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Computer-aided scouting

From Wikipedia, the free encyclopedia

Computer-aided sports scouting is the use of data analysis by computer to assist sports scouts to identify and recruit new talented players. Pioneers like Bill James began to analyze the data and apply mathematical principals and new non-conventional formulas to predict success and failures of a baseball player or team, a development called sabermetrics. The foundation of computer-aided scouting is statistics.

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Computer-aided scouting began as a means for scouts and managers to log mass amounts of player and team information compiled from box scores, stat-sheets and personalized specific information pertaining to players and teams. This information was interpreted through mathematical formulas created from research studies of each sport. Once this information was tabulated, team personnel begin to implement these results into the game. After early positive results, many professional teams adopted mathematical tools for player and game management.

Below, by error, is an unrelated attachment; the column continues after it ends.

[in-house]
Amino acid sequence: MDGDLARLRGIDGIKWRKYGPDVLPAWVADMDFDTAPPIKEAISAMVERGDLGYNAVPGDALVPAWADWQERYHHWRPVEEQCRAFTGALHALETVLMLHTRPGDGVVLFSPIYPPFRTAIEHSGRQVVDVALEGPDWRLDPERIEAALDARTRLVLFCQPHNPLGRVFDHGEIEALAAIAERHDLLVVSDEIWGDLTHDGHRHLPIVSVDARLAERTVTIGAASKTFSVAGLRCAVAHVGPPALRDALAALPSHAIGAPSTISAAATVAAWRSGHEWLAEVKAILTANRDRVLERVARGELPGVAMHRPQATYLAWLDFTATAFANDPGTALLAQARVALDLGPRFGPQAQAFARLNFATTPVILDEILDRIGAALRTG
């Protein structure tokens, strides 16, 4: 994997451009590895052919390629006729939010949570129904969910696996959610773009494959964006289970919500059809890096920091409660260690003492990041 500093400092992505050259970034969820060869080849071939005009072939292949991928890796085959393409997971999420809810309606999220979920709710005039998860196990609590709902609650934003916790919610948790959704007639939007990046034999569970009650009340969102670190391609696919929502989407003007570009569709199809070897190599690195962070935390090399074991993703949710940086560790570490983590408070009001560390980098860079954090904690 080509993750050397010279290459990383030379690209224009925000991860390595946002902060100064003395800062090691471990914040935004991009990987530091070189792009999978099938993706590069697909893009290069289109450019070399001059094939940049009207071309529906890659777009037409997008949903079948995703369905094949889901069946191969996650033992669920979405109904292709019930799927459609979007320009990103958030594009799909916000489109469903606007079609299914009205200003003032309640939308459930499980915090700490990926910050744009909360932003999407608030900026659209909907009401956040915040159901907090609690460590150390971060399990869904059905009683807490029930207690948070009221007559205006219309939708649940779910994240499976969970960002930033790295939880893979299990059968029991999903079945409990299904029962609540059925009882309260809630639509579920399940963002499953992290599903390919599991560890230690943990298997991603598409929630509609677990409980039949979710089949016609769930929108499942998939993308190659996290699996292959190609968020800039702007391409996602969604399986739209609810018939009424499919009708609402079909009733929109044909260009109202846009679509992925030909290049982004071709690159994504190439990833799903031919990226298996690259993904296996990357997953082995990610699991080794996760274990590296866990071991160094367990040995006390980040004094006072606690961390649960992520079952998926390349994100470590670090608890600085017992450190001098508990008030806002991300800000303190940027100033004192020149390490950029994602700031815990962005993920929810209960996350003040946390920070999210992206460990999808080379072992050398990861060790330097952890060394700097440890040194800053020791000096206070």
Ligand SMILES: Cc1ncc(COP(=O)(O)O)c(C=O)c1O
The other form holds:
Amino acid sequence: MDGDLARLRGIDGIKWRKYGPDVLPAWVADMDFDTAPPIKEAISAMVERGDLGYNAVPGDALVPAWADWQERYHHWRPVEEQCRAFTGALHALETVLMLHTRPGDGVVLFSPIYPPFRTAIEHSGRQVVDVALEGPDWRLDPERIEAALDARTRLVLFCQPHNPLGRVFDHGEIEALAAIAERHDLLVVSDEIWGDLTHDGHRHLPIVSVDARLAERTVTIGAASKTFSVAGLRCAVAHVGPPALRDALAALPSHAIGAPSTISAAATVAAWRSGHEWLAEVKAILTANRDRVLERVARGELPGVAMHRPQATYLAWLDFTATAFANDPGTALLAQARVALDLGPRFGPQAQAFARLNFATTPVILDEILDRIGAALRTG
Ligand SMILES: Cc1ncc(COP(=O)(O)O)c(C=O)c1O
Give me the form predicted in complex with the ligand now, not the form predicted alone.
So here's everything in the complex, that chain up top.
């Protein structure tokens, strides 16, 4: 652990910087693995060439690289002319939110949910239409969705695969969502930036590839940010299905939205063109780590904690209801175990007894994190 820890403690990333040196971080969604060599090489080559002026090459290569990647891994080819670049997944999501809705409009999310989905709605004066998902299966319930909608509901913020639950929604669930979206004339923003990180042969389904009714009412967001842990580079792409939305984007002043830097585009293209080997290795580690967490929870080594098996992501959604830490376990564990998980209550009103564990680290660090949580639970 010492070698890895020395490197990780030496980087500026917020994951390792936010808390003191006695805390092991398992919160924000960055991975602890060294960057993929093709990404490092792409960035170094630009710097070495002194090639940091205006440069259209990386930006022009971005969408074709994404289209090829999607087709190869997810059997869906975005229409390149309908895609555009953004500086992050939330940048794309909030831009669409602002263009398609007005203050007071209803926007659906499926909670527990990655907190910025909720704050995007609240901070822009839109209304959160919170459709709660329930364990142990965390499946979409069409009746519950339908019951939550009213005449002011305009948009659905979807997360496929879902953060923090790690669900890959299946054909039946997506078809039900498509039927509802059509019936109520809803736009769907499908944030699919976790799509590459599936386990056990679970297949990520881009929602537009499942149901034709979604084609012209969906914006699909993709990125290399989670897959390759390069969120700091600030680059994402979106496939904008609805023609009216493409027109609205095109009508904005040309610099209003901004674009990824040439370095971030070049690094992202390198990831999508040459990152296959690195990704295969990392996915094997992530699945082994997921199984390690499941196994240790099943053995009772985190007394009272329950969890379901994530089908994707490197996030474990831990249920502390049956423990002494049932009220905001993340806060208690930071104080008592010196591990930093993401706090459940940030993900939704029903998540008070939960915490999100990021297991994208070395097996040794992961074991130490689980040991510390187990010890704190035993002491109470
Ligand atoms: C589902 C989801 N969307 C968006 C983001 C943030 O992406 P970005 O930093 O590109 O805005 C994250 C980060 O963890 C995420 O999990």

MLB and the NBA begin to employ these analysis and move them into prominent roles inside their teams as Scouts to even General Managers. The marriage between Computer-aided Scouting and human eye Scouting has been at odds for over a decade. Both ways of scouting have proven to be as viable and valuable as the other.[citation needed] The NCAA has adapted a rating system produced by Jeff Sagarin that uses computer-aided scouting to a science to better understand the strength and weaknesses of a team as a rating.

Computer-aided scouting has adapted mathematical formulas by taking into account an existing or potential players value to his team, his physical attributes, and even projected success/failures against a variety of situations and potential opponents. Some of these methods have been published by members of sabermetrics for baseball and APBR for basketball.

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This page was last edited on 9 December 2018, at 02:36
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